SUDAN SETS AN EXAMPLE IN ADDRESSING NATIONAL AND REGIONAL WATER MANAGEMENT ISSUES
CHOL DENG ALAK (Sudan)
The problem of the growing shortage of fresh water for agriculture, industry and domestic purposes is increasingly worrying the world community, politicians and public figures of various countries, including highly developed in economic terms. So, in early 2007, in one of his speeches, former British Prime Minister Tony Blair named it among the most important along with the problem of global climate change. The famous English economist Nicholas Stern described the natural processes taking place in this area as a "serious warning" to all mankind. Dr. Salman Salman, a World Bank legal consultant who specializes in the development of an International Water Law, was even more specific: "Over the next 25 years, we are likely to see a truly catastrophic freshwater situation in many regions of the world, primarily in the Middle East, China and India, for which the problem of dwindling water supplies can be a very serious socio-economic blow." Dr. S. Salman warns: "Thirst is coming to the Arab world."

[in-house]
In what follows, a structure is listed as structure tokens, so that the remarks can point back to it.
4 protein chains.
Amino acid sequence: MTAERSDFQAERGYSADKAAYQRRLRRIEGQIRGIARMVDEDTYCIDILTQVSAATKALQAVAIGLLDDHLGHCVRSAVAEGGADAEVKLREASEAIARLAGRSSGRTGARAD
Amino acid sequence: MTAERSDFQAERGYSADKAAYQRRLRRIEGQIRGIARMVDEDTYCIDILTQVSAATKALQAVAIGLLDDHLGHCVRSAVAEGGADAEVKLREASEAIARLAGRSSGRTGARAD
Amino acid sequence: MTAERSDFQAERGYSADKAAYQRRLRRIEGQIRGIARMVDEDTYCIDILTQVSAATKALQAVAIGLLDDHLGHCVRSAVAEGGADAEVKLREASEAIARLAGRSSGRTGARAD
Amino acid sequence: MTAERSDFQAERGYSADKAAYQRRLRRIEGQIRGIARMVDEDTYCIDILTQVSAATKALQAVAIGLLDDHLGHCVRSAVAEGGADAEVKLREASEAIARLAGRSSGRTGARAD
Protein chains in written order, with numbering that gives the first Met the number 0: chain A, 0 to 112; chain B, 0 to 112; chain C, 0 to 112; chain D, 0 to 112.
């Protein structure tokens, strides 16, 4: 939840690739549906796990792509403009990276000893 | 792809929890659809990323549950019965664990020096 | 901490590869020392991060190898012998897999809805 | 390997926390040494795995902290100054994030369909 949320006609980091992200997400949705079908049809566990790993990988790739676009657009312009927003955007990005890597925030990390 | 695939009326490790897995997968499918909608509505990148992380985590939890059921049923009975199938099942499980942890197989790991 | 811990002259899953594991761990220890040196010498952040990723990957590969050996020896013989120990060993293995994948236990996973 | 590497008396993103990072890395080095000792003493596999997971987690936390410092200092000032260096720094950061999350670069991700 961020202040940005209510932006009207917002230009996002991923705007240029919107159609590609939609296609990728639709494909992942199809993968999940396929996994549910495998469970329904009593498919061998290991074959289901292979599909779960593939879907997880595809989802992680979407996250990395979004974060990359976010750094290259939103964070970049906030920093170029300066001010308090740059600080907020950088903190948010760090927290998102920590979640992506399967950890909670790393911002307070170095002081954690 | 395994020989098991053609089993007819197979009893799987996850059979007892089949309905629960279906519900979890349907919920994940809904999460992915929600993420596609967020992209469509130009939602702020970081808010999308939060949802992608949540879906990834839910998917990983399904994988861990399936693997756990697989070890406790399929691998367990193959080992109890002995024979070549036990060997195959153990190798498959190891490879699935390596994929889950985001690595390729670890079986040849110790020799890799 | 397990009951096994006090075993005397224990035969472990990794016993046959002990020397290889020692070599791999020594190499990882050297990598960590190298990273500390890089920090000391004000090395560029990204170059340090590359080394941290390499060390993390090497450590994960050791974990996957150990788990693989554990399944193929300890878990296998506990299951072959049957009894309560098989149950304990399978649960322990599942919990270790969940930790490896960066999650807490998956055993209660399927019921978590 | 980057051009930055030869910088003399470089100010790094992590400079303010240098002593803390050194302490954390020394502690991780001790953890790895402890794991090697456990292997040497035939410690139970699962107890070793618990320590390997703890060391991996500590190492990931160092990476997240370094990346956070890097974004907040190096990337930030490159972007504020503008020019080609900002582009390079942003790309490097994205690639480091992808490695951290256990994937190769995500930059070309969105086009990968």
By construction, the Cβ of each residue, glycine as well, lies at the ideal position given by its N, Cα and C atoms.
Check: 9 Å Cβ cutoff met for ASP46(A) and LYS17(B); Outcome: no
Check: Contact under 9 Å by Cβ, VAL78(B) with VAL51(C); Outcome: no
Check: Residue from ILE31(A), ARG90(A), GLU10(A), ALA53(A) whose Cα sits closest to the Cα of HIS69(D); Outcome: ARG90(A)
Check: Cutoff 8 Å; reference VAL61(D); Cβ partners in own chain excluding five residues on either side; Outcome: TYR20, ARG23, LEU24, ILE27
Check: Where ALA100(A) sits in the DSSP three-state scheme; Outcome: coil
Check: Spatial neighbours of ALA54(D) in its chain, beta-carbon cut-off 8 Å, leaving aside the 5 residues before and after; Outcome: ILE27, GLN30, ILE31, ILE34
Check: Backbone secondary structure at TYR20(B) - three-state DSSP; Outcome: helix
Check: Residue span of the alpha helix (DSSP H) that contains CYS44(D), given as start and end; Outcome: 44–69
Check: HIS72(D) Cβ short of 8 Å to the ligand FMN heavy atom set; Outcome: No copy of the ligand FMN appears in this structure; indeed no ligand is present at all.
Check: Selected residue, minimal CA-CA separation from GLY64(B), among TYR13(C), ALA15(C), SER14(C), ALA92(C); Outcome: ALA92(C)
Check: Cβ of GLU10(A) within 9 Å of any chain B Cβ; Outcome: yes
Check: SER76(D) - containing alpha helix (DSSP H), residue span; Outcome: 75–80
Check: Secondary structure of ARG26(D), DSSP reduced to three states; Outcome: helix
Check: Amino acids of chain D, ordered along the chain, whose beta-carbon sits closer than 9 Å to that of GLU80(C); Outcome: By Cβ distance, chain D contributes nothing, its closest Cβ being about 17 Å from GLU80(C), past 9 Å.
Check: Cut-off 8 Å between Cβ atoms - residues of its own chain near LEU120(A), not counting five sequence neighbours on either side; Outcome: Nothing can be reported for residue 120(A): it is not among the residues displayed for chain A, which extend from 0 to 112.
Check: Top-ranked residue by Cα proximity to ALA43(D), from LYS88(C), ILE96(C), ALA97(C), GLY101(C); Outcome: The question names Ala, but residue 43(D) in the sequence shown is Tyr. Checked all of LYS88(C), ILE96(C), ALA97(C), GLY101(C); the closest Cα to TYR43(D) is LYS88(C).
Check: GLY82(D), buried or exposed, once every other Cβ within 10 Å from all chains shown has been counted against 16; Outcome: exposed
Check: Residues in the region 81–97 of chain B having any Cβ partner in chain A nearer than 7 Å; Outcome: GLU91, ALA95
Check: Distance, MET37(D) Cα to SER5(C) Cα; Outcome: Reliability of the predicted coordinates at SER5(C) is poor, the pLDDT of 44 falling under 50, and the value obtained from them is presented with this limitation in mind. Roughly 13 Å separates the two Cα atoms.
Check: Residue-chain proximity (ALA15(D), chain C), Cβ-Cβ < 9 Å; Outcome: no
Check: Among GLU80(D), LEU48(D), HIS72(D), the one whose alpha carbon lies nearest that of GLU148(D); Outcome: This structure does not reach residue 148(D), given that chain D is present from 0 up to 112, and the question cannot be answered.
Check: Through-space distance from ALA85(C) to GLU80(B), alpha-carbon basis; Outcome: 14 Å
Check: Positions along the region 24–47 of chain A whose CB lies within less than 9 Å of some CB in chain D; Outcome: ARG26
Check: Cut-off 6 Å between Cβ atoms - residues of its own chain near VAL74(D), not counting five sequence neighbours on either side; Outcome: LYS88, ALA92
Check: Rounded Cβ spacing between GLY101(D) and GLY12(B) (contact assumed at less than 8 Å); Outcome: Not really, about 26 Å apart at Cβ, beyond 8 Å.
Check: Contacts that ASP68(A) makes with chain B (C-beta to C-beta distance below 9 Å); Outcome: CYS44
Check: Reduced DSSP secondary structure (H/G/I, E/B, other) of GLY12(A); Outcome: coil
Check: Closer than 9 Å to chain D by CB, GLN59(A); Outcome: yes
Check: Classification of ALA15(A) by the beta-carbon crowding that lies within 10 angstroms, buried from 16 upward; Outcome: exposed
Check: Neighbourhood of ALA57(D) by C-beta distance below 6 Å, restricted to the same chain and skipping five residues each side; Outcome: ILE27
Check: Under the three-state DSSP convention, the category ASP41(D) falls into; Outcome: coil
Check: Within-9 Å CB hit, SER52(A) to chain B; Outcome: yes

This warning is more relevant than ever. For the peoples of African countries, water is the primary basis for the development of agriculture and the solution of the food problem, an extremely important "component" of the continent's newly emerging industry. The presence of high - water rivers, including the longest river on Earth-the Nile, only partially solves the problem, because river water is not enough to irrigate existing fields and develop new land. Therefore, African scientists-economists, biologists, and specialists in various agricultural sectors-are increasingly turning their attention to other sources of life-giving moisture and paying more attention to such problems as improving the use of rainwater (which is more often called "harvest water"in the lower Nile states). and water from underground sources extracted by drilling artesian wells.
A recently released r ... Read more